No Health Hazard from Tap Water with Unpleasant Taste and Odor in San Diego County

Earthy, musty taste and smell in drinking water expected to dissipate by end of the week, according to MWD

LOS ANGELES--()--Consumers in San Diego County may notice a musty taste and odor in their tap water, but it is an aesthetic problem caused by algae blooms and not a health hazard, according to water quality experts.

Officials at the Metropolitan Water District of Southern California said the taste-and-odor event may improve by the end of the week after the district isolated the affected facilities and treated supplies over the weekend. In the meantime, the drinking water impacts will continue to vary as local agencies blend imported Metropolitan water with local supplies.

"The earthy taste and smell stem from an algae bloom in Diamond Valley Lake near Hemet in southwest Riverside County, which is affecting supplies being delivered to the San Diego County Water Authority," said Jim Green, Metropolitan’s manager of water system operations.

“Consumers, however, can be assured that the taste-and-odor issues they may be experiencing in their tap water do not pose any health risks,” he said. “Consumers affected by this situation may consider refrigerating their tap water to help improve its taste until the problem diminishes.”

Over the weekend, Metropolitan isolated Diamond Valley Lake and treated the algae bloom, which also has impacted untreated supplies in nearby Lake Skinner. Diamond Valley Lake and Lake Skinner are currently providing raw water to SDCWA. Officials stressed that the treated water is safe for consumers and that fish and wildlife will not be impacted.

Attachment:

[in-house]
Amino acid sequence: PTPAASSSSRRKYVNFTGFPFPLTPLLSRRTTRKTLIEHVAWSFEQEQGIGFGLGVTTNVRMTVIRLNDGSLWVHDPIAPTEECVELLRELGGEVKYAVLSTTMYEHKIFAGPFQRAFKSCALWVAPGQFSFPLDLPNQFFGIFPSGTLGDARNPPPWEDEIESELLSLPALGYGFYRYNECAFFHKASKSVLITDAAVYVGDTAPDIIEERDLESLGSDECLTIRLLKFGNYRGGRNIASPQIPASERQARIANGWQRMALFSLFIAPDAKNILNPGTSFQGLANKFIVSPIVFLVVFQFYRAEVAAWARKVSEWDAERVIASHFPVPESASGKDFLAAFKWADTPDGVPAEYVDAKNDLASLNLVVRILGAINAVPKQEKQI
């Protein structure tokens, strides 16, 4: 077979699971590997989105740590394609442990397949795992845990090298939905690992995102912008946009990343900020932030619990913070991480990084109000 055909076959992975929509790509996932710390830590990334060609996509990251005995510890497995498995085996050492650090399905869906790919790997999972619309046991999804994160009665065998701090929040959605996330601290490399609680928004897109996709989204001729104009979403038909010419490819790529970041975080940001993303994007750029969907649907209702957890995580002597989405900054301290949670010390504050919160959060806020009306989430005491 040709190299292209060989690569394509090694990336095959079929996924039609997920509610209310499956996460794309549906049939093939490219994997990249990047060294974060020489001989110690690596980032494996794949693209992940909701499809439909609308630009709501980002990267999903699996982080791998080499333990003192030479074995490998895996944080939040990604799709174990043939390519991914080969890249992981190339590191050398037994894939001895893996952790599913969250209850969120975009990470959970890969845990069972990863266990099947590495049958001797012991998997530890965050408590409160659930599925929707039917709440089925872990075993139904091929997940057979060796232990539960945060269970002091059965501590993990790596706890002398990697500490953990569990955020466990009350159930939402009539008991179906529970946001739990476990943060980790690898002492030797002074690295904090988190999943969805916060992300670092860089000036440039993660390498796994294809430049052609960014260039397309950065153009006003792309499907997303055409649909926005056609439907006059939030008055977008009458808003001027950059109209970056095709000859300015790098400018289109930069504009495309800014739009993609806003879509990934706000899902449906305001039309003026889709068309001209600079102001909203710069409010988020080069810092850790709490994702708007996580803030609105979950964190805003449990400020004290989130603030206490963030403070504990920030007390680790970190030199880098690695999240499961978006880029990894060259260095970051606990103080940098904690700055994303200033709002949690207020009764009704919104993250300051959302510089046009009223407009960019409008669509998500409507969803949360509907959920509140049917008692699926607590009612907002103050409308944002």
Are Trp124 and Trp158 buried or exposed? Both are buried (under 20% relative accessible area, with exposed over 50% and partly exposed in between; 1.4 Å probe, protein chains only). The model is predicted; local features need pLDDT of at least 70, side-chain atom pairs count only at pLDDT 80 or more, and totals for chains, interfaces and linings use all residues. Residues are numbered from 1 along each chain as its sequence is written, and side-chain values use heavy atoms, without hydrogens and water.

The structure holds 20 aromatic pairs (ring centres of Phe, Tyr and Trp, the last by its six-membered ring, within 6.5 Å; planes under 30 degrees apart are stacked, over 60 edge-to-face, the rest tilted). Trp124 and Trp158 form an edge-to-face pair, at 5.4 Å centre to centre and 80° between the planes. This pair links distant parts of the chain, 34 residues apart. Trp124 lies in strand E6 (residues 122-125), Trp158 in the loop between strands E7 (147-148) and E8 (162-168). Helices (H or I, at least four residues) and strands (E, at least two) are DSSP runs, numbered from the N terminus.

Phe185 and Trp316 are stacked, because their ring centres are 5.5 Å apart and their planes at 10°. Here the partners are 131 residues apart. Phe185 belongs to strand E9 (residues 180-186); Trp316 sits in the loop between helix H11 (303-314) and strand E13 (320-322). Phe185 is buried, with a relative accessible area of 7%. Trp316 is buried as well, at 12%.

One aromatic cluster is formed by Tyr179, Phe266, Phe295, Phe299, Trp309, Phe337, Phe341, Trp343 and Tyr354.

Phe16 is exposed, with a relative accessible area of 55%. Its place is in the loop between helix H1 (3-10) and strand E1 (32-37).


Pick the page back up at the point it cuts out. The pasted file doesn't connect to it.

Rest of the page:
Growth of algae in open surface reservoirs is generally a seasonal problem that usually occurs in warm months. As in previous years, the cause of this year’s taste-and-odor episode has been identified as geosmin, a nuisance compound produced from the growth of certain algae in freshwaters throughout the world.

“Unfortunately, people with sensitive taste and smell can detect the compound in water at levels as low as 5 parts-per-trillion,” Green said. “By comparison, one part-per-trillion is equivalent to just 10 drops of geosmin in enough water to fill the Rose Bowl.”

Consumers interested in receiving additional information about the quality of Metropolitan’s drinking water supplies can visit the district’s website, www.mwdh2o.com, for the district’s annual water quality report and other related materials.

The Metropolitan Water District of Southern California is a cooperative of 26 cities and water agencies serving nearly 19 million people in six counties. The district imports water from the Colorado River and Northern California to supplement local supplies, and helps its members to develop increased water conservation, recycling, storage and other resource-management programs.

Contacts

Metropolitan Water District of Southern California
Bob Muir, (213) 217-6930; (213) 324-5213, mobile

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Contacts

Metropolitan Water District of Southern California
Bob Muir, (213) 217-6930; (213) 324-5213, mobile